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A million here, a million there: Arkansas dashboard tracks school spending of covid-19 relief money

by Cynthia Howell | November 14, 2021 at 5:04 a.m.
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Arkansas has spent about 95% of the $118.8 million it received last year in the first round of federal covid-19 relief money for schools and almost 60% of the $497.2 million it received in the second round of emergency funding.

The third, most recent round of special federal funding was the largest, and it is largely unspent.

Arkansas is receiving $1.12 billion in American Rescue Plan/Elementary and Secondary Education Emergency Relief -- or ESSER -- money and to date has spent less than 5% of it. A total of $1.07 billion is not yet expended.

All of that information about the special funding -- current as of Oct. 22, updated monthly and broken down by school district and program -- is available to the public on a user-friendly online dashboard.

The new Elementary & Secondary Education Transparency Dashboard has been created by the Arkansas Division of Elementary and Secondary Education.

"The dashboard shows spending under all three rounds of [Elementary and Secondary School Emergency Relief] funding through the CARES Act in May 2020, the Coronavirus Response and Relief Supplemental Appropriations Act in January 2021, and the American Rescue Plan in March 2021," the introduction to the new Arkansas dashboard states.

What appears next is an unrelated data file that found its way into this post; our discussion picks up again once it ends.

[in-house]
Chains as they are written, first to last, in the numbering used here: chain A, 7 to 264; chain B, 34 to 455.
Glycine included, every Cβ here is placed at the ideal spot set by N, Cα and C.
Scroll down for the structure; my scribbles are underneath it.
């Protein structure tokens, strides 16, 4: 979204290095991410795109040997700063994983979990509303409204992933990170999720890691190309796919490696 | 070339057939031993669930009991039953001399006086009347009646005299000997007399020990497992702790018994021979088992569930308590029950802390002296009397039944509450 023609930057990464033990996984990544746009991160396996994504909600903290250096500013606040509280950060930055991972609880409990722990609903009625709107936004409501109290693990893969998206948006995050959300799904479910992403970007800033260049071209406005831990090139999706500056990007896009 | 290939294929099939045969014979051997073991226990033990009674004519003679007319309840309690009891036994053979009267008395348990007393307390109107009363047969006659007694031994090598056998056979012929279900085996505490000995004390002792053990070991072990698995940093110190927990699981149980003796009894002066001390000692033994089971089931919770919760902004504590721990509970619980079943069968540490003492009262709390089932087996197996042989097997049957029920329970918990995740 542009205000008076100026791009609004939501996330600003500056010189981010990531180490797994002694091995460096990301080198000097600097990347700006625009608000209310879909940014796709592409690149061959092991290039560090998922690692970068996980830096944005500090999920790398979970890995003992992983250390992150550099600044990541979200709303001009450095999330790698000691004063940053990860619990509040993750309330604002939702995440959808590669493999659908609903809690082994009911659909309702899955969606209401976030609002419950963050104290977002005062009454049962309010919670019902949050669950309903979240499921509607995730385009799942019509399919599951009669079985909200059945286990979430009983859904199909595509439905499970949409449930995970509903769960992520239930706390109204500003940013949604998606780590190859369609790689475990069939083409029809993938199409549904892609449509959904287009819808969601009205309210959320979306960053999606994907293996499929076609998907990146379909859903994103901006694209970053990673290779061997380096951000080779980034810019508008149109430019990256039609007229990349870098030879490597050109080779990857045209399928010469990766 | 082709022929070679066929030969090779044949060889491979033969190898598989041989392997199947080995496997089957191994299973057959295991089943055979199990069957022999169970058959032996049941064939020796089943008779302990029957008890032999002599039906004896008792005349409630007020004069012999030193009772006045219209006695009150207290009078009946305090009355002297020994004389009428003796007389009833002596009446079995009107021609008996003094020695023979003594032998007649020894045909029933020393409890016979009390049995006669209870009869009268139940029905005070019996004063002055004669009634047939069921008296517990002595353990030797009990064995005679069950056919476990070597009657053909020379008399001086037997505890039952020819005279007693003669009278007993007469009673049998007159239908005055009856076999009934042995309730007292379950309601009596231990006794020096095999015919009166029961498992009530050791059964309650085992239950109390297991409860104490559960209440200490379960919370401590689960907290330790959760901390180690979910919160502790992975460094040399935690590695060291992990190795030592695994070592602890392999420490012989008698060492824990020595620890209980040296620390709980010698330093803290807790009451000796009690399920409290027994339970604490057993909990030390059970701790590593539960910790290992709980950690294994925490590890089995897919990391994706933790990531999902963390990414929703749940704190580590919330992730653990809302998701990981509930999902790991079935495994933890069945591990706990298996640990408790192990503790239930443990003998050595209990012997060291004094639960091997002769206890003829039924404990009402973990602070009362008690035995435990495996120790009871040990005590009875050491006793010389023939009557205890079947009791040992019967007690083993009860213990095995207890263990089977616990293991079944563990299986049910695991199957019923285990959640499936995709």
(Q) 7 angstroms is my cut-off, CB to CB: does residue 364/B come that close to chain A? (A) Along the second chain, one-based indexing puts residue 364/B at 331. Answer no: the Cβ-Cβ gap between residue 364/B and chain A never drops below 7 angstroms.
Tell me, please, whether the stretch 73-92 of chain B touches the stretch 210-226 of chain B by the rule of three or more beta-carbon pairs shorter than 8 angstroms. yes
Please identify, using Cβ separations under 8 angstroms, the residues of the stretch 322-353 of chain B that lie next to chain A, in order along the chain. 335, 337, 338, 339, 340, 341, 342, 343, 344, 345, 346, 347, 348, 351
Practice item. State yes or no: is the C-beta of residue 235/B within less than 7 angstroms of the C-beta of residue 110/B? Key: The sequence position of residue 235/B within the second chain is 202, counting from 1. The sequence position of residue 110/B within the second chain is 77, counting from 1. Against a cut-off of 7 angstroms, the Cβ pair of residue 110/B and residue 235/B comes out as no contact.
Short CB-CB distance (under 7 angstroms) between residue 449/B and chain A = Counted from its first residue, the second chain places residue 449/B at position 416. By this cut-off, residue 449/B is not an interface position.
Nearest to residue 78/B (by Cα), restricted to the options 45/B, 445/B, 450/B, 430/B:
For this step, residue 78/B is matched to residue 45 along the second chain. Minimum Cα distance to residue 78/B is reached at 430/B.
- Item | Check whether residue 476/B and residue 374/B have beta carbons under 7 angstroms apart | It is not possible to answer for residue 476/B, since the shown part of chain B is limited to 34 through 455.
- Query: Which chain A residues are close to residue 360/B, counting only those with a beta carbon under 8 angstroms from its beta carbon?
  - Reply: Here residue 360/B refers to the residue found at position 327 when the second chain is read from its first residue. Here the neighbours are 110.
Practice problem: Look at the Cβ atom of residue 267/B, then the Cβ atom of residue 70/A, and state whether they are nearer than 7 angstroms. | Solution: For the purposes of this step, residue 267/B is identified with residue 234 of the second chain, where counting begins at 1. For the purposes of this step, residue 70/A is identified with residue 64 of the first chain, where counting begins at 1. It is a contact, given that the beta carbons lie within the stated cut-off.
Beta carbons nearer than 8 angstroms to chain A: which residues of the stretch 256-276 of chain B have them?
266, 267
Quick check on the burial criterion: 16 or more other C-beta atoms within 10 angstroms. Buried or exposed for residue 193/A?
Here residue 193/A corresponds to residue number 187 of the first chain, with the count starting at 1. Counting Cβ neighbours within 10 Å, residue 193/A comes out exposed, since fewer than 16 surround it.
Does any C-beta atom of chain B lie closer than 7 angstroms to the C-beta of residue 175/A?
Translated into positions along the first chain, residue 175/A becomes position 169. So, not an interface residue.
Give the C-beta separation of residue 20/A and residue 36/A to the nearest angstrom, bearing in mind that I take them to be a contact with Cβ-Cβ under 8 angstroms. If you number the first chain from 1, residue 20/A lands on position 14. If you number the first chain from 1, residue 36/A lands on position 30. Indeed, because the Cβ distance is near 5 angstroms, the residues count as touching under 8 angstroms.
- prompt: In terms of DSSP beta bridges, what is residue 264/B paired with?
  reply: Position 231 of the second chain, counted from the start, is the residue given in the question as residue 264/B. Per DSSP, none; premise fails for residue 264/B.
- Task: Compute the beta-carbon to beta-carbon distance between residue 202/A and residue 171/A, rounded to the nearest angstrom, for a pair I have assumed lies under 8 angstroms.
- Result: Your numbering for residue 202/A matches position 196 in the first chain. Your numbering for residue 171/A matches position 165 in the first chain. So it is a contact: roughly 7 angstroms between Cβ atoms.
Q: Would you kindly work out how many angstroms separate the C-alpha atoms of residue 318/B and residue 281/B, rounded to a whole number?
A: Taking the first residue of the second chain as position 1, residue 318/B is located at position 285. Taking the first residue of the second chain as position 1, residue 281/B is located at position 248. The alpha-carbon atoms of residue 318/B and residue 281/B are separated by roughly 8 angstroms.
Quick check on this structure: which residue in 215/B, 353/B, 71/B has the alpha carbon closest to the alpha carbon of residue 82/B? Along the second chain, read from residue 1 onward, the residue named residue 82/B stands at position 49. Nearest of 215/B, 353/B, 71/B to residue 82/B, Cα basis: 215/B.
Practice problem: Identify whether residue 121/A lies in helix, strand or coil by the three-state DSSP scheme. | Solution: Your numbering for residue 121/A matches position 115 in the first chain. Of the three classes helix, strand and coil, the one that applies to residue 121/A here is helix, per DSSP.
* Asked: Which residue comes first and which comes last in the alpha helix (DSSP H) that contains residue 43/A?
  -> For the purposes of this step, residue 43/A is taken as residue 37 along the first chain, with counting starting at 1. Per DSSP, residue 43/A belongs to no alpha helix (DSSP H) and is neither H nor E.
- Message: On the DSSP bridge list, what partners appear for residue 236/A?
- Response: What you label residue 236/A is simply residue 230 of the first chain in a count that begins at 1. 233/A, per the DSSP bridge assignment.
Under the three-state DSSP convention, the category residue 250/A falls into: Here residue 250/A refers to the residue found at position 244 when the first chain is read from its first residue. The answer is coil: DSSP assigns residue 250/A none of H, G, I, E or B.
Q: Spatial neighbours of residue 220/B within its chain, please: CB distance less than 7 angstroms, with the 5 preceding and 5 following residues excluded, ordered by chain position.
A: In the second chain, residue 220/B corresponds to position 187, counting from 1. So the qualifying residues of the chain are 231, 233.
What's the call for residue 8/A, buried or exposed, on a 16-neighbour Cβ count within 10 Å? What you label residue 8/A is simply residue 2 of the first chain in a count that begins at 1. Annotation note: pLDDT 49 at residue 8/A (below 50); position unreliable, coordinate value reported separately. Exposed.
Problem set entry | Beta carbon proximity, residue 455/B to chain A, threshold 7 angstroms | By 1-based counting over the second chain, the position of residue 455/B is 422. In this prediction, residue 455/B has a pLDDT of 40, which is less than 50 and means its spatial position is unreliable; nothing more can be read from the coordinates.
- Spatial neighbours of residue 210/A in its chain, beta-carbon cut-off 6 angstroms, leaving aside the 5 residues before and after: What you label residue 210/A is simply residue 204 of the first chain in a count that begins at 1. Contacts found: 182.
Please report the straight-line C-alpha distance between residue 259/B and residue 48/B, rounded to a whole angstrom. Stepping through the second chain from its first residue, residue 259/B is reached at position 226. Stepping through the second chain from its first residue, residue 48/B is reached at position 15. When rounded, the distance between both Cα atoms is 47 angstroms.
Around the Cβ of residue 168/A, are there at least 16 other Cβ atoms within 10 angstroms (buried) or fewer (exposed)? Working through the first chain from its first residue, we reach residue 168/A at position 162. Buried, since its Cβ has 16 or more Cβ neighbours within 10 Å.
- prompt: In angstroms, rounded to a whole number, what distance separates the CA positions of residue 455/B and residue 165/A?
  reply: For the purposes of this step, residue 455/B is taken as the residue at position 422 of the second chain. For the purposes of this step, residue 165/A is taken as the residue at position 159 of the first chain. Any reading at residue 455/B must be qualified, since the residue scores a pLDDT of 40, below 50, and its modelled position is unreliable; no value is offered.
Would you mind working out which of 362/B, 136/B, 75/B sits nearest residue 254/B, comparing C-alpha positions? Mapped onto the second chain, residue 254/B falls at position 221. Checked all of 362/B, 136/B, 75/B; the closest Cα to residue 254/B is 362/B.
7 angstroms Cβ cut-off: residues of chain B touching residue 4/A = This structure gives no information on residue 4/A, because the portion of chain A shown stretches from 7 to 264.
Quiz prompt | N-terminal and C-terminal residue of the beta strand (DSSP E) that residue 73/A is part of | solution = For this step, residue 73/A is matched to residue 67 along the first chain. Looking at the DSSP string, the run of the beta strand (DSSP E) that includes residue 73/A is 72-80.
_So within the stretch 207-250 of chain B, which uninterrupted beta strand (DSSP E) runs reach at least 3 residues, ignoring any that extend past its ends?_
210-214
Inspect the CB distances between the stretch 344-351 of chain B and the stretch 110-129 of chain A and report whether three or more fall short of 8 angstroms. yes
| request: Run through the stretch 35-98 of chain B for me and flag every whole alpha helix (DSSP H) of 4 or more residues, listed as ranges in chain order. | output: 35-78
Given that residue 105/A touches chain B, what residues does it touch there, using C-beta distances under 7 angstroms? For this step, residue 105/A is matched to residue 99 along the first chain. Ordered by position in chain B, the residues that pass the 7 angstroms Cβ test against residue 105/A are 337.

"The ESSER funding dashboard provides the public an opportunity to access information about how much of the funds have been used so far to improve student learning, address lost learning opportunities, support students' mental health and well-being, and more," the introduction continued.

Ivy Pfeffer, Arkansas' deputy education commissioner, demonstrated the transparency dashboard last week to the state Board of Education.

"We're excited to have this level of transparency to help answer questions and probably help drive some questions," Pfeffer told the board.

The dashboard site is: https://esser-insight.ade.arkansas.gov/.

It was created by Arijit Sarkar, who is the chief information officer and director of information systems for the state education agency.

The online dashboard shows the percentages and dollar amounts that have been expended by the school systems, Pfeffer said. The process calls for the state to use the federal money to reimburse the districts for their covid-19-related expenses.

About 27% of the money in all three rounds of funding has been spent and the districts have been reimbursed, according to the dashboard.

A lot of money is left, Pfeffer said, but also noted that the dashboard doesn't show the money that has been obligated by the districts but not yet actually spent. Those obligations could include pending construction projects, or technology and instructional materials that have been ordered but are yet to arrive in the districts, she said.

The dashboard shows the amount of money available to each of the state's traditional and charter school systems from each of the three rounds of funding, and how much has been spent from each of the rounds of funding.